Five to ten
Chances are your kids have seen clips of the Connecticut school shooting on TV or read about it in the newspaper or online. We look at how you can talk to them about it and help them deal with any fears.
This weekend, 20 children between the ages of five and 10 were shot dead by a gunman in Newtown, a small and picturesque New England community about 95km northeast of New York city. The motive for the US attack is not yet known.
Fiona Ayers, an Auckland psychologist who was a teacher in Dunedin when the Aramoana Massacre took place in 1990 says the best way to speak to your kids about the horrific Connecticut shooting is to "keep it simple".
Ayers has over 20 years experience working with children, initially as a teacher and then as an educational psychologist.
Ayers says the Connecticut shooting brings to mind the experiences she had working as a special needs teacher in Dunedin when David Gray, a 33-year-old unemployed man, began indiscriminately shooting people in the town with a scoped semi-automatic rifle on November 13, 1990. Gray killed 13 people, including four primary school children.
Ayers recalls how some of her students lived in Aramoana at the time of that shooting.
"There were red lights and sirens and things going up and down all night and the kids were unsettled," she says.
She told Essential Mums that she helped her students deal with their fears and concerns by talking about what had happened, answering questions simply and offering lots of reassurance.
"Where I come from, working with kids, the best is to keep it simple if you can. So don't go into great long stories about things," she explains.
"You do need to keep it age-appropriate, so you would deal differently with a three or four-year-old than you would with a 10-year-old or a teenager."
She said after the Aramoana shooting she spent time talking about what happened with her students because they needed to talk it through.
Ayers says she kept it as simple as she could, explaining that the perpetrator wasn't of sound mind and that while there are unfortunately people out there like that, there are services available to help them.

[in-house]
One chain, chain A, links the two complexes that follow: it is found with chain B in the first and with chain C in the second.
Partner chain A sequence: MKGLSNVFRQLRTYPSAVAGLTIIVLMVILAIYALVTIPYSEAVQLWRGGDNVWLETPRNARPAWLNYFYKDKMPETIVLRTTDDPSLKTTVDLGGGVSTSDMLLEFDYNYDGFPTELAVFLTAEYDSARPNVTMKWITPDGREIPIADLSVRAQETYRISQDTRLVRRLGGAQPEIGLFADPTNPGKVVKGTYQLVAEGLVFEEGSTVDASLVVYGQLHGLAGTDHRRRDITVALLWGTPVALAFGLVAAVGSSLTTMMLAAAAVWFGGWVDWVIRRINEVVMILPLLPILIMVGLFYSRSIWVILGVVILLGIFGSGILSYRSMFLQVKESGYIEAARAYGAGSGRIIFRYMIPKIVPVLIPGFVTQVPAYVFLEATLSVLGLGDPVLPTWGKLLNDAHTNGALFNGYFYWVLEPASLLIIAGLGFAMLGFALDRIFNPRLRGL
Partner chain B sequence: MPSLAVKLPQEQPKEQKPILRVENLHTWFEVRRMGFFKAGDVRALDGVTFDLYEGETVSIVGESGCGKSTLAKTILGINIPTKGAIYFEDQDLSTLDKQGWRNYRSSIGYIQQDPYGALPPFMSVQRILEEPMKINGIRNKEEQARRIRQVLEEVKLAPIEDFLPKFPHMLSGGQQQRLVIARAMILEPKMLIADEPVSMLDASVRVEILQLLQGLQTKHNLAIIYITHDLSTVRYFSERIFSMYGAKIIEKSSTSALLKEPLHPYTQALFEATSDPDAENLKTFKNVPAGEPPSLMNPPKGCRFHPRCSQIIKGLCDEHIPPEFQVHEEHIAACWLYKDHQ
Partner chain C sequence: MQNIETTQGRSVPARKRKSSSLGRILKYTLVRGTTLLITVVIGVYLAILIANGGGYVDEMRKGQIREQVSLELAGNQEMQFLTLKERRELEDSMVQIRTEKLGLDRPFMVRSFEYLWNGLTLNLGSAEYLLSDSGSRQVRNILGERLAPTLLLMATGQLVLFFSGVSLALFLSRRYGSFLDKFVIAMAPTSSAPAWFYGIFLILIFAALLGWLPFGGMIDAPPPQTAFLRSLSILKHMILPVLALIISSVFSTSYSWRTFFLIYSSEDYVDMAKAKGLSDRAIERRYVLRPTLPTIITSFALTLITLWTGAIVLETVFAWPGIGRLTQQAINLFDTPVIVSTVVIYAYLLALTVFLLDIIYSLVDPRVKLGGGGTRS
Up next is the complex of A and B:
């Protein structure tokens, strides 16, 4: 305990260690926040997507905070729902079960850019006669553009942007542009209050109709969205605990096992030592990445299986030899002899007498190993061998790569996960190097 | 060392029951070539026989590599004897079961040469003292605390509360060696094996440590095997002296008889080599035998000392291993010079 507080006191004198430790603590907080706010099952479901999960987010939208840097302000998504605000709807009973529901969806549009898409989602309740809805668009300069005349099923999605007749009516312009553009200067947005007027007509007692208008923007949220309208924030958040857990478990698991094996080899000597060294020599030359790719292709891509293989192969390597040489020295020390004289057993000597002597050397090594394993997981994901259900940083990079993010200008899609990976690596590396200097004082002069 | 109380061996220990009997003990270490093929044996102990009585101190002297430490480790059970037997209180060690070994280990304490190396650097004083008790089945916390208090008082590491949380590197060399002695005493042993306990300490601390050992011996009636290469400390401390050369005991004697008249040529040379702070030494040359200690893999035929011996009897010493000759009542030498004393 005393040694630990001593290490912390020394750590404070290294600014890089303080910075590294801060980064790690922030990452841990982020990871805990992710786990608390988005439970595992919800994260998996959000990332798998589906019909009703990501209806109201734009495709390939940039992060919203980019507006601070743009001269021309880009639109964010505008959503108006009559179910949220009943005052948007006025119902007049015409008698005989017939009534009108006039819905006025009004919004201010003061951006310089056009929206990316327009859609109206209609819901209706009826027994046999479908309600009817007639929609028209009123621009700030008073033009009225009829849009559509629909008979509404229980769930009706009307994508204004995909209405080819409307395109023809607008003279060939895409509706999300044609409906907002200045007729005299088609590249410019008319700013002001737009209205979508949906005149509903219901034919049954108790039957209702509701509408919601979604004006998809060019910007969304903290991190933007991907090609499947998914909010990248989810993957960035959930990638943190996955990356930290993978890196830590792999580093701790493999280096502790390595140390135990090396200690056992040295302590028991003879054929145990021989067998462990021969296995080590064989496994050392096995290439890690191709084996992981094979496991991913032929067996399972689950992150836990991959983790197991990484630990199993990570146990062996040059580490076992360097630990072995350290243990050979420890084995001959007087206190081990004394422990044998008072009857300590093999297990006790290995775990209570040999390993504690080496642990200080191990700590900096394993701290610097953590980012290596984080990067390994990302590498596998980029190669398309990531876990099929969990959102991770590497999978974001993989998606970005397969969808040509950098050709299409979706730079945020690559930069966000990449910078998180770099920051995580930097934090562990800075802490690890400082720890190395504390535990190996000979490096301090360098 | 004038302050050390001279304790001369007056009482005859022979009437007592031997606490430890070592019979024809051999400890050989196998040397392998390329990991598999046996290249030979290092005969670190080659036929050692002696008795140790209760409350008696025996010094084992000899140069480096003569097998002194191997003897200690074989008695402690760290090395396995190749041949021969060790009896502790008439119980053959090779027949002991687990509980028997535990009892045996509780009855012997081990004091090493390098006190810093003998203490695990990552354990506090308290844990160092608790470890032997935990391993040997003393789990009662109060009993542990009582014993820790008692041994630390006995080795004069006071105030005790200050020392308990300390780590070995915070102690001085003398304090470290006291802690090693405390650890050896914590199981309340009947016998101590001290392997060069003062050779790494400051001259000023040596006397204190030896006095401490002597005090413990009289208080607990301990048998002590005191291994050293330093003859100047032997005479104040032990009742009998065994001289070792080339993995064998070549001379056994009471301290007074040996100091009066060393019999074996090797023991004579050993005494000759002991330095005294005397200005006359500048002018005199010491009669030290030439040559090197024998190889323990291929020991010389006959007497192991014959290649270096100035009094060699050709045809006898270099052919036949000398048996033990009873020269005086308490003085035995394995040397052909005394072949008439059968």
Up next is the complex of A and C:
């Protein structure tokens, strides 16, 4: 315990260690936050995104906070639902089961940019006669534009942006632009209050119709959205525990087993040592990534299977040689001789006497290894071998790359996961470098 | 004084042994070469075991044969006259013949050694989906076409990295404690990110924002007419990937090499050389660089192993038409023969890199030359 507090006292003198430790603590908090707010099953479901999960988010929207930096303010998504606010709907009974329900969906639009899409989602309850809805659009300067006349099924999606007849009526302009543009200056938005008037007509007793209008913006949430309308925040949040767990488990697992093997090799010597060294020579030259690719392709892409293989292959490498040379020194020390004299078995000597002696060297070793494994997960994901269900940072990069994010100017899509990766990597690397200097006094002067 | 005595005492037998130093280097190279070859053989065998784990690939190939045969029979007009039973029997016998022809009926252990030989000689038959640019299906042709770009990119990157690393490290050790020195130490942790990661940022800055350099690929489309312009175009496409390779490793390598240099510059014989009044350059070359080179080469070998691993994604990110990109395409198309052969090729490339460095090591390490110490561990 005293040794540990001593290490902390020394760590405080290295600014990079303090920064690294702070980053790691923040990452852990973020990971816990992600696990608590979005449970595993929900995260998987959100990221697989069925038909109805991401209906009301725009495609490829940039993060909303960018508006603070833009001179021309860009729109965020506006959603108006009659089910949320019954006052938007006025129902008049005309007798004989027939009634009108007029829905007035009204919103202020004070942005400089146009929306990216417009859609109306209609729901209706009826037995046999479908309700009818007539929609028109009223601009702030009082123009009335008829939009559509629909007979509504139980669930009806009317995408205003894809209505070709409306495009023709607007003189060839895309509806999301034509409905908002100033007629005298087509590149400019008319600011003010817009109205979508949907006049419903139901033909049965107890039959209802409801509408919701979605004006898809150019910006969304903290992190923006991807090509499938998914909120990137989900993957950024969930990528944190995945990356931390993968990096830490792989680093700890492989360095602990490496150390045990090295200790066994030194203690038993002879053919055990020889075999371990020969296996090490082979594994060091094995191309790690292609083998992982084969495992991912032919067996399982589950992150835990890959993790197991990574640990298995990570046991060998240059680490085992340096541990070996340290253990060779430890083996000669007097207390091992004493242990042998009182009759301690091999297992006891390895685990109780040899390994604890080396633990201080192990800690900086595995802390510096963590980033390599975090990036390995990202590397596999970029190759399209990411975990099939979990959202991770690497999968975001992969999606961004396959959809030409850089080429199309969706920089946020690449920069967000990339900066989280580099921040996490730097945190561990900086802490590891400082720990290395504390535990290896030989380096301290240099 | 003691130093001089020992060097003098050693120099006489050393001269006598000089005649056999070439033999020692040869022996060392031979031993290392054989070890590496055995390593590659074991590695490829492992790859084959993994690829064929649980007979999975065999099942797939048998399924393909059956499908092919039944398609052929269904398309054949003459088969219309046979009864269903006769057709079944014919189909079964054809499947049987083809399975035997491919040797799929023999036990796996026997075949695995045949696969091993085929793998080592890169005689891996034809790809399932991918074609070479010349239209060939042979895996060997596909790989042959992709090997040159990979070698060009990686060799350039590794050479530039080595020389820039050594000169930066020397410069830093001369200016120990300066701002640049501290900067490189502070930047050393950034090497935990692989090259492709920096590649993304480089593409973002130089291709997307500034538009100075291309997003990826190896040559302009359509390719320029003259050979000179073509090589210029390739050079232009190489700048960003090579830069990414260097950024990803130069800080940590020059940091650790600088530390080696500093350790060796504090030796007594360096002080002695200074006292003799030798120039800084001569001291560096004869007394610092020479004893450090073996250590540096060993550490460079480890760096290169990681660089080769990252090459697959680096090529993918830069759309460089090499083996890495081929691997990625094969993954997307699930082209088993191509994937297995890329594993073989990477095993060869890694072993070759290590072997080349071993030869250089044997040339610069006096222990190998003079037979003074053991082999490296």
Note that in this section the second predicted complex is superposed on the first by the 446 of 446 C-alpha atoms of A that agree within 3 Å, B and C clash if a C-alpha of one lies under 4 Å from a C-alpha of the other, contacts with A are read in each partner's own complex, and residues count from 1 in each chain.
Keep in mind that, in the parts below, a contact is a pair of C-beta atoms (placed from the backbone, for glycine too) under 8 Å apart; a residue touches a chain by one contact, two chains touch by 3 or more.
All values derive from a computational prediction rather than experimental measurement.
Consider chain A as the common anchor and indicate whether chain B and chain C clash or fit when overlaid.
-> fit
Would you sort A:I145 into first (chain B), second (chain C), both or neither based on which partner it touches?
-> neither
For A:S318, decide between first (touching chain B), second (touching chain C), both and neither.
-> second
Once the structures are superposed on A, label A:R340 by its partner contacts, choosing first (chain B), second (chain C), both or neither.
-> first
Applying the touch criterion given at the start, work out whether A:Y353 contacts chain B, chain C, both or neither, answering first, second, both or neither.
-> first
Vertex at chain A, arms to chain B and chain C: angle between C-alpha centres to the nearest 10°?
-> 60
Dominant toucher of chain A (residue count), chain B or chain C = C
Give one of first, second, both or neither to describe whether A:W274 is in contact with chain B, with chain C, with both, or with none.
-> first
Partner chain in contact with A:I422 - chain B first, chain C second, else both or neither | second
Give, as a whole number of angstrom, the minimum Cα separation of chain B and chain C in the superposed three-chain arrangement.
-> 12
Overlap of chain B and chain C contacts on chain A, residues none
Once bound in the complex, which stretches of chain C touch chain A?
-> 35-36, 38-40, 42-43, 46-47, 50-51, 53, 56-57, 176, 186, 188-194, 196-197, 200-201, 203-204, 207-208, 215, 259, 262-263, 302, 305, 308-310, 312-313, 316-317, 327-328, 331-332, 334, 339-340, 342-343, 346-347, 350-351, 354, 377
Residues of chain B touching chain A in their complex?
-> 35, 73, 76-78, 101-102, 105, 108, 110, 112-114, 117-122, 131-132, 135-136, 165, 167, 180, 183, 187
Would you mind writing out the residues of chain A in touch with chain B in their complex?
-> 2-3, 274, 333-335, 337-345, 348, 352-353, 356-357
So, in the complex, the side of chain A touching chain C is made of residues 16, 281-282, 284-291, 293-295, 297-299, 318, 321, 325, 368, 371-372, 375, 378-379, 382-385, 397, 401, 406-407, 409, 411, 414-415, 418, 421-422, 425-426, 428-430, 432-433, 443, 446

Ayers adds that the best thing Kiwi parents can do is to offer a lot of reassurance that shootings on the scale are incredibly rare and unlikely to happen to them.
"The fact that the United States is a much bigger place than New Zealand, that there are a lot more pressures on people, that sort of argument. Also that there are far fewer guns in New Zealand and tighter controls on them."
"So the chances of someone doing anything like that here are quite remote."
Schools in New Zealand do have lockdown policies and if an intruder were to come to a school in New Zealand, each classroom teacher knows what the procedure is.
"I think schools do have drills for lock down so there is that opportunity for teachers to talk it through with children," she says.
Ayers says listening to your child's concerns, answering questions about what happened as simply as possible without adding in all the details, and reassuring them that they are safe is the best way to help them process what happened without adding any additional trauma.
Limit your kid's exposure
Ayers says that parents should limit their kid's exposure to the continuous news loops about the shooting, especially when the photographs and details of the victims are released.
"It's the same with any big disaster. With 9/11 the exposure was tremendous and I think that had quite a detrimental effect on people," says Ayers.
"The same footage was played again and again and again. I don't think we need that."
Ayers says that while the tragedy is terrible, there have been some positive messages over the weekend.
"Especially when they pulled some of the quotes out of President Obama's speech when he spoke about holding your kids close and telling them you love them," she says.
Handle your own feelings carefully
For some parents, the Connecticut shooting may bring up feelings of fear, or perhaps trigger memories of past traumatic experiences.
"I think it if it is really bothering parents or their kids then they should seek advice," Ayers says.
For smaller kids, if what happened is on their radar, Ayers says it is up to the parents to manage it, rather than for other kids to be support them through it.
"Parents need to show that degree of resilience," she says.
This means that instead of talking about it in front of the kids at your coffee group; wait until they are outside playng or in bed before talking about it with another adult.
"We have this term "awfulising" when we go on about how terrible something is. It doesn't matter what it is about, it's never a good idea to do that around kids, whatever the circumstance.
"If someone asks a question answer it, I wouldn't hush it down - but be aware of how you respond," she says.
If your four year old does ask why the man did what he did, you could admit you don't know why, but you feel sad for the families affected and you are sending them lots of love.
"Again, it depends on the age of the child. For a teenager you would be able to explain that some people suffer from mental illness, that could have contributed to it, but it is important to reassure your children that they are safe," she says.
If your child is experiencing sadness about what happened, doing something symbolic like lighting a candle, or saying a special prayer for the families of the children may help comfort them too.
- Essential Mums
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